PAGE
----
How a bunch of 6-pointers from BITS Pilani built a startup, that...

How a bunch of 6-pointers from BITS Pilani built a startup, that later got acquired.


Edvice, which was acquired later by HashLearn was started by Shanshank Murali and Binay Kumar Shivam, while they were students at BITS, Pilani. The app is now known as HashLearn Now, and offers tutors from IIT/BITS to the users.

This article has been written by Shashank Murali.

There are two things that have dominated the attention of the Indian public life the most over the past two years – Elections and Startups. Since the former is the dramatic one, lets focus on the more relevant latter at this point. Startups have changed public life because they have not only made life easier for Indian consumers, but they have changed the way Indian companies run. Experienced corporate giants such as Narayana Murthy and Ratan Tata have invested and backed these new-age companies founded by young college graduates. In simple words, today is the best time for entrepreneurship as a career choice. A lot of you may have contemplated on starting up but somehow it never took off. Mine did and here’s a take off kit I drew up for you in case you ever need it.

1. Eureka!

Think of any famous startup in India and try to describe them in a line. Now take a moment to reflect on how simple their goal is. Everything from Flipkart to Redbus will seem like a no-brainer. An obvious question that might crop up in your head is why it hadn’t been done before. Or why any other company couldn’t copy the same idea and succeed? The answer to both the above questions is that an idea is not everything. Its at most 1% of your progress in the long and engaging startup battle. Despite that, its a much easier proposition to try and cook that secret sauce which will make your company unique and give yourself the much needed competitive advantage.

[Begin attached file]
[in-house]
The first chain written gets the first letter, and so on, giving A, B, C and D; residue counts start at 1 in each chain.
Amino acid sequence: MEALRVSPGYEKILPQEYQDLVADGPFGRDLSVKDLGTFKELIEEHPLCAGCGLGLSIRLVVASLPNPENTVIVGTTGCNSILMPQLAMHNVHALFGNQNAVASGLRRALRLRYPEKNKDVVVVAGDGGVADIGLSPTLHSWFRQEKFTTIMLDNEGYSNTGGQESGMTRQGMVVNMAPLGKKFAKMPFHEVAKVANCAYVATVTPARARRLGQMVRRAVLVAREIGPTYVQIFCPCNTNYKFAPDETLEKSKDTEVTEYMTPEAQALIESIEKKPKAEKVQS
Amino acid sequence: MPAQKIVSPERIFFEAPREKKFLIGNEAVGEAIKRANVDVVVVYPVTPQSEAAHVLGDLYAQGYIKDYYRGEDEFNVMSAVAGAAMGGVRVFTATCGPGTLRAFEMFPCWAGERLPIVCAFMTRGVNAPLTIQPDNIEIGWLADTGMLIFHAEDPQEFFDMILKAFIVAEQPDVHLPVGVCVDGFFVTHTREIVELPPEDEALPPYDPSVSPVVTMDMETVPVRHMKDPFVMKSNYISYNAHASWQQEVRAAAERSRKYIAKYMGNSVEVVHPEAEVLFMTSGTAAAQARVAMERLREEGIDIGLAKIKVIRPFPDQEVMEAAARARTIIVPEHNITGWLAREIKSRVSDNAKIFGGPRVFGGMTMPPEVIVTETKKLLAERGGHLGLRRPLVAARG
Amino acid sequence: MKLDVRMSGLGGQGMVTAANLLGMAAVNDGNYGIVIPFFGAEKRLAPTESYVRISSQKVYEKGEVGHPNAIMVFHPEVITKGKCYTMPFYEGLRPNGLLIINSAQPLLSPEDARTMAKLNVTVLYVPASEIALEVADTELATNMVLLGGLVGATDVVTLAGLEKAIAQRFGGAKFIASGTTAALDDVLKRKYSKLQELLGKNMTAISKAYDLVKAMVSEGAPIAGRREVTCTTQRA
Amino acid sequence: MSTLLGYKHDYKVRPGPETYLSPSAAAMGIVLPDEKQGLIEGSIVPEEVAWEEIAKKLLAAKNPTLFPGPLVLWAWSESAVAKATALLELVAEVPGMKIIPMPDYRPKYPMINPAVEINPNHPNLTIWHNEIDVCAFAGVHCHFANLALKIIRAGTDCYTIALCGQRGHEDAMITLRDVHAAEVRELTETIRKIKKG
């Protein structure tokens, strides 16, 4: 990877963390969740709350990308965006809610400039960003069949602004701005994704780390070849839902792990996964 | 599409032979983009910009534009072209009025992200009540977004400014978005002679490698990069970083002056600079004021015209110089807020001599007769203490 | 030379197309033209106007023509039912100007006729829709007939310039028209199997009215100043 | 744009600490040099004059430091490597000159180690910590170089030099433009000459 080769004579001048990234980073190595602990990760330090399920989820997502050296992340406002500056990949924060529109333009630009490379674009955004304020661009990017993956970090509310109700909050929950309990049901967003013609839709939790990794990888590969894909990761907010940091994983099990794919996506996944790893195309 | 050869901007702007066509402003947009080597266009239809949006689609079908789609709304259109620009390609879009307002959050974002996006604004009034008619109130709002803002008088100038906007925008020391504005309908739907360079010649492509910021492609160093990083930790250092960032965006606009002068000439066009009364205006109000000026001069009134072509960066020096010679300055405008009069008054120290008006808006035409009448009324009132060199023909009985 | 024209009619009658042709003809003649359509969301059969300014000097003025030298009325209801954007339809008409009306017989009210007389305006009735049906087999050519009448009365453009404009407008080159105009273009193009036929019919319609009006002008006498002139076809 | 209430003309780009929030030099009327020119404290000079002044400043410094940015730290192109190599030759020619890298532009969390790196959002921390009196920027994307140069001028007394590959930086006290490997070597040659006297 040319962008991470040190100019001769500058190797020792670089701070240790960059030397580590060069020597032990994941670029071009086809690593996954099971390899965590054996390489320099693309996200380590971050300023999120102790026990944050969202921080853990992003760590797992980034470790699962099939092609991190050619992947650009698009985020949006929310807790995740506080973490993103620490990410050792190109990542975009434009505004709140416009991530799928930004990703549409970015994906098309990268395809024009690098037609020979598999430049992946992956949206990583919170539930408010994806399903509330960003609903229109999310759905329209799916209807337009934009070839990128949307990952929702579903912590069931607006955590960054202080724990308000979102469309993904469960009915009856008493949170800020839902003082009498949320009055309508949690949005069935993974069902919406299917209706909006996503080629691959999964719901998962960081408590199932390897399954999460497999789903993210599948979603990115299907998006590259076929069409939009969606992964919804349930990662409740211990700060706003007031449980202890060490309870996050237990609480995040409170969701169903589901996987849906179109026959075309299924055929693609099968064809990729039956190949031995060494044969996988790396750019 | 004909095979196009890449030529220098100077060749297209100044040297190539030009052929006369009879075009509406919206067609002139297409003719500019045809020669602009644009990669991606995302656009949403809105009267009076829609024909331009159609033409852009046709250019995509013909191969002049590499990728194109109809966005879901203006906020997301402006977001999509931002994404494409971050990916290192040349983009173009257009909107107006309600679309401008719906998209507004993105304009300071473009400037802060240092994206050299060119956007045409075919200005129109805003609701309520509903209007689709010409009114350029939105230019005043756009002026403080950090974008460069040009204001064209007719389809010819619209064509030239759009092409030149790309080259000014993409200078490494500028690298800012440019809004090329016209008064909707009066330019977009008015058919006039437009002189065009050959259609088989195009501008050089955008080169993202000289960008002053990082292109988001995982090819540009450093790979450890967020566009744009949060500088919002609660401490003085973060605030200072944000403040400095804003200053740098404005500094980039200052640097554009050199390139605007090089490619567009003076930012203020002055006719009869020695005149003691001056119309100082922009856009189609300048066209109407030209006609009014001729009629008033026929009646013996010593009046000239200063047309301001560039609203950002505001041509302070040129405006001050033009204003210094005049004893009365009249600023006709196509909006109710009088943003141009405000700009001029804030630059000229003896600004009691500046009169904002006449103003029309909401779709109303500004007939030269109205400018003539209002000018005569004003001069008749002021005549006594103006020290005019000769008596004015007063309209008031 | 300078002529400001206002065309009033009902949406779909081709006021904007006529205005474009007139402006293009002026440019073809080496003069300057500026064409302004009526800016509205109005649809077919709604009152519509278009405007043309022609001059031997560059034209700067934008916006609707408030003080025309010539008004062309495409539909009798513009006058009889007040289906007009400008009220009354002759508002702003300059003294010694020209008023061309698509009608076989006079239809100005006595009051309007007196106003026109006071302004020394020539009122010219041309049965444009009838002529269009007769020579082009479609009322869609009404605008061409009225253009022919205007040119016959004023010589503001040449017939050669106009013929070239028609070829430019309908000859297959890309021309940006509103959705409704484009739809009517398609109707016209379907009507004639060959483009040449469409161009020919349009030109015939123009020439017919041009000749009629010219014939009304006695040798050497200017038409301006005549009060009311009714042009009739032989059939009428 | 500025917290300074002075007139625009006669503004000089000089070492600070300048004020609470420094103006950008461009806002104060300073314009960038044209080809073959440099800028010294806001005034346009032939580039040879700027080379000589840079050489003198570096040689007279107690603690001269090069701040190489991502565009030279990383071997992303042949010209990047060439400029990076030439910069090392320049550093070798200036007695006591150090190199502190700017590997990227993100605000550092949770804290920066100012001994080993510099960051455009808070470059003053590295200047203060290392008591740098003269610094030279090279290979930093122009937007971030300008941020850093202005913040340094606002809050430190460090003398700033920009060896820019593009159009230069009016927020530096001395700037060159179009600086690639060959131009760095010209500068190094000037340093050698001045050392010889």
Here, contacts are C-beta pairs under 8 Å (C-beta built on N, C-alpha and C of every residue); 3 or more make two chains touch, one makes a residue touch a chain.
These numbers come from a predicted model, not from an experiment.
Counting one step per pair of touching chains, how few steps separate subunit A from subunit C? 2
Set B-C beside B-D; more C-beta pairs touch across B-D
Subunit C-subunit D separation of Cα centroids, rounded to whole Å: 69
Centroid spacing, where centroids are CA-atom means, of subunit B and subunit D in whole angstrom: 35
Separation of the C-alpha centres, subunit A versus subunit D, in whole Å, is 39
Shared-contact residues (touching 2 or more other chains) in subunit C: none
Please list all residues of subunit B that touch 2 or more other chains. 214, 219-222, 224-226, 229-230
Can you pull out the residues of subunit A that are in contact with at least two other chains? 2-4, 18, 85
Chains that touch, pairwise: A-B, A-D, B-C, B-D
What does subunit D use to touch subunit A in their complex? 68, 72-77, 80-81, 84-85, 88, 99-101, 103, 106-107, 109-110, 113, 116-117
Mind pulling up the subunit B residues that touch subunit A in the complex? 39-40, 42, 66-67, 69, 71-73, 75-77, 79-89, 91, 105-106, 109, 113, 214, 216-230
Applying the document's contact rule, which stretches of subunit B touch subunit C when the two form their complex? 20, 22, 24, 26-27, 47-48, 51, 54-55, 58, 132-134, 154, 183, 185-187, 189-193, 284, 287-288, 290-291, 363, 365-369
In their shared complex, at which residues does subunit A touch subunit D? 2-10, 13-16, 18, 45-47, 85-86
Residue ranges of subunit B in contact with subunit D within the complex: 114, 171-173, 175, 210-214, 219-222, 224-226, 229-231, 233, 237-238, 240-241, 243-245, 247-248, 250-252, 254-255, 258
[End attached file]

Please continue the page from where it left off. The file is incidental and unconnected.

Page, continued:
2. Co-founder

As a startup, you will often hit brick walls. It’s necessary for one to not repeat the same mistakes, figure out the reasons for the goof-ups in the first place and ultimately decide the new Plan-B. Doesn’t that sound like a lot to do? Especially when you multiply this 3-step process by about 5 a day? This is where co-founders who share the same vision as you for the company come into play. Your best-friend in college isn’t necessarily your best co-founder. You should look out for reliable people with complementary skills and a similar work ethic. The icing on the cake would be if they are smarter than you as in my case.

3. Ready-Fire-Aim

Zuckerberg says and I quote, “If you’re not breaking things, you aren’t moving fast enough.”

A common mistake a lot of startups from college commit is taking too long to get their first product out, often due to the strive for perfection and an attempt to include a never ending list of features. It’s humanly impossible for a bunch of people in college to build the best looking, performing and well-marketed product. So, don’t try. Instead, launch your core-offering to the consumers in the simplest way possible. You are bound to make innumerable mistakes. The take home point is to learn from them and fix them and then build upon them as quickly as possible.

4. Lieutenants

The crazy bunch behind Edvice, then.

One of my favorite aspects as a founder is to manage our team and keep the buzz going. There is no better motivation than to have an energetic bunch with their flush of exciting ideas — even at 5 in the morning. The thumb rule for building a team is to bring on people who are smarter than you. The ultimate goal of a company — or North Star as I call it, won’t be visible to you from Day One. You may know which galaxy it exists in but these are the guys who will first help you find it and then help you get there.


5. In-Retrospect

The past eight months seems like a decade. We have been politely told that we have a crappy product in our first ever client pitch. While braving the cold on campus during the winters was a challenge in itself, a couple of losses didn’t make it any easier. Especially, when one had to travel for 40 hours to taste those defeats. Its difficult to get people to do business with you when they consider you as a bunch of kids. They aren’t entirely wrong. But, we are also a well backed company built by a bunch of supposedly “average” 6 pointers in 8 months from college. I’d take that any day over a bunch of straight As because of the steep learning curve involved.

All of this brings me to my last and final point, Persistence. You’re going to be down and out a number of times through this journey, if you choose to accept it. The crux is to take one on the chin, reflect but believe in yourself and move ahead because like the good old saying goes, “A Little Irish Stoicism never hurt anybody.”

This article first appeared in the Fine Print, the official newsletter of English Press Club, BITS Pilani, and can also be found on Medium here. 




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